Katie Ledecky beats Missy Franklin in World Championships 200m freestyle


Katie Ledecky won her third gold medal of the World Championships, taking the 200m freestyle over a field that included defending World champion Missy Franklin in Kazan, Russia, on Wednesday.

Ledecky clocked 1:55:16. Italian world-record holder Federica Pellegrini earned silver at 1:55.32, followed by Franklin for bronze in 1:55.49.

“It was a star-studded field, just glad that it all went well,” Ledecky told Michele Tafoya on Universal Sports. “I just felt a lot more recovered than yesterday [when Ledecky swam the 200m freestyle semifinals after winning the 1500m free final in world-record time 30 minutes earlier]. I was able to go out with the field.”

Ledecky, 18, has entered seven career Worlds events and won gold in all of them. If she wins the 800m freestyle on Saturday, Ledecky will become the third swimmer to win four individual titles at a single World Championships. The others were Michael Phelps and Ryan Lochte.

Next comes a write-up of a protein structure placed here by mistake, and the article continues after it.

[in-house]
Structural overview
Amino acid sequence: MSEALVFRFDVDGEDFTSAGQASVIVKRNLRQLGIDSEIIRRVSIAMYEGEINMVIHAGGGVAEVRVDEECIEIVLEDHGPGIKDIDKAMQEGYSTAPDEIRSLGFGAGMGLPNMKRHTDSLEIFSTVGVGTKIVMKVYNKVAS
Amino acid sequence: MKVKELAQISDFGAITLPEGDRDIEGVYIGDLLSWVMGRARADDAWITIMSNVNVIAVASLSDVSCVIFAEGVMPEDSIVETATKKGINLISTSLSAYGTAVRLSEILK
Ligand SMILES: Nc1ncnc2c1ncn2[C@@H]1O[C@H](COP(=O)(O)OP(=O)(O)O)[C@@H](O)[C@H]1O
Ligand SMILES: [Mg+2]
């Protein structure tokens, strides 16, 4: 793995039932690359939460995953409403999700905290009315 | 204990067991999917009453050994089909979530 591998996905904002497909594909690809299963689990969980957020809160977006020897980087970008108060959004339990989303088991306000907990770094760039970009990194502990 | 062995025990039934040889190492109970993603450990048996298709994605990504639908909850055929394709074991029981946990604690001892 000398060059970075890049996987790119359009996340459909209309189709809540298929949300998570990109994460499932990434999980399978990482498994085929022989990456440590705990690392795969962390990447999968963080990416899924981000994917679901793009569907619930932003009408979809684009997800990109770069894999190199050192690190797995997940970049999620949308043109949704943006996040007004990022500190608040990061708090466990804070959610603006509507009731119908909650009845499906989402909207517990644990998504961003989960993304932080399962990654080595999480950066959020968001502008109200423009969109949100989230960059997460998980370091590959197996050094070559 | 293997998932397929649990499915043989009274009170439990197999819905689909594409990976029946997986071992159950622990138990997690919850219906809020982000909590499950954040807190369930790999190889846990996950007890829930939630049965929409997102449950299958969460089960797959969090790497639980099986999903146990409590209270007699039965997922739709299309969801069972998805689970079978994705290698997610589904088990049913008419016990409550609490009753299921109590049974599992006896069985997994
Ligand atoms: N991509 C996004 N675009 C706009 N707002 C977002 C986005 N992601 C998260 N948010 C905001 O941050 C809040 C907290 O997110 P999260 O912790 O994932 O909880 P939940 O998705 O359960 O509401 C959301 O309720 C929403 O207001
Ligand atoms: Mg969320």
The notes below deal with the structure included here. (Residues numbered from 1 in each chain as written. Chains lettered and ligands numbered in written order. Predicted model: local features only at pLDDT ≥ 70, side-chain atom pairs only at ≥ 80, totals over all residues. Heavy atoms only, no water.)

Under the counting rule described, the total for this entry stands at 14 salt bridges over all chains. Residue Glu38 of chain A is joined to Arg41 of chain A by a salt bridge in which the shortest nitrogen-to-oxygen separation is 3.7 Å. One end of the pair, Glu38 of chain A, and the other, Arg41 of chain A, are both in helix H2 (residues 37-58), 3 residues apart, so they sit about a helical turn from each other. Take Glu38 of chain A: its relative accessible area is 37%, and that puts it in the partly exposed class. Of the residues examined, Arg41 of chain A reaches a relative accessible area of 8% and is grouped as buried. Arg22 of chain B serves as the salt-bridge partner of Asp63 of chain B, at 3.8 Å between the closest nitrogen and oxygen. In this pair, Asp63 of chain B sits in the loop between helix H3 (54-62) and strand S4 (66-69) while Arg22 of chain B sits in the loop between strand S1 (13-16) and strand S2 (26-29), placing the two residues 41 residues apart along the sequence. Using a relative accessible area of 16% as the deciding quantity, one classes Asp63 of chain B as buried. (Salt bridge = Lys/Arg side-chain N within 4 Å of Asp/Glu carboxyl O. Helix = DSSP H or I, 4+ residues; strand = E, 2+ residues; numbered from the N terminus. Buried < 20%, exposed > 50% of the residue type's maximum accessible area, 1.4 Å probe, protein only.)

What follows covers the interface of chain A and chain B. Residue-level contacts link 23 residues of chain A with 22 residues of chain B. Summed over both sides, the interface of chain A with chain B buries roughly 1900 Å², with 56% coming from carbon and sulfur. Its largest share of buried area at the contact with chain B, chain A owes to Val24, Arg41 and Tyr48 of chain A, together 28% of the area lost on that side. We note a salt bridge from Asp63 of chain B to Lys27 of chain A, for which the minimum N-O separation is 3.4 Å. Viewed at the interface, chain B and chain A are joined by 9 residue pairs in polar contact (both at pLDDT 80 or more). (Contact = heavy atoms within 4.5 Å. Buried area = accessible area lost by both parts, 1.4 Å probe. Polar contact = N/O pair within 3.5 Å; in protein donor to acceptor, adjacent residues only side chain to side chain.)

“This one was the least expected,” Ledecky said of the 200m free on Eurosport, with her coach, Bruce Gemmell, adding that he was surprised that she won. “I knew this would be the toughest race.”

Ledecky did not swim the 200m free at Worlds in 2013, when Franklin won in 1:54:81.

“Katie’s just an inspiration to everyone,” Franklin, who has fifth- and third-place finishes this week in two individual events that she won two years ago, told Tafoya on Universal Sports. “What she does is incredible, and it’s never been done before.”

Ledecky’s rise to become the world’s best 200m freestyle swimmer the last two years makes one wonder if she will dip down further to the 100m freestyle for 2016.

In January, Ledecky chopped .41 off her 100m freestyle personal best at a meet in Austin, Texas, two months after her coach, Bruce Gemmell, did not rule out adding the 100m free in interviews.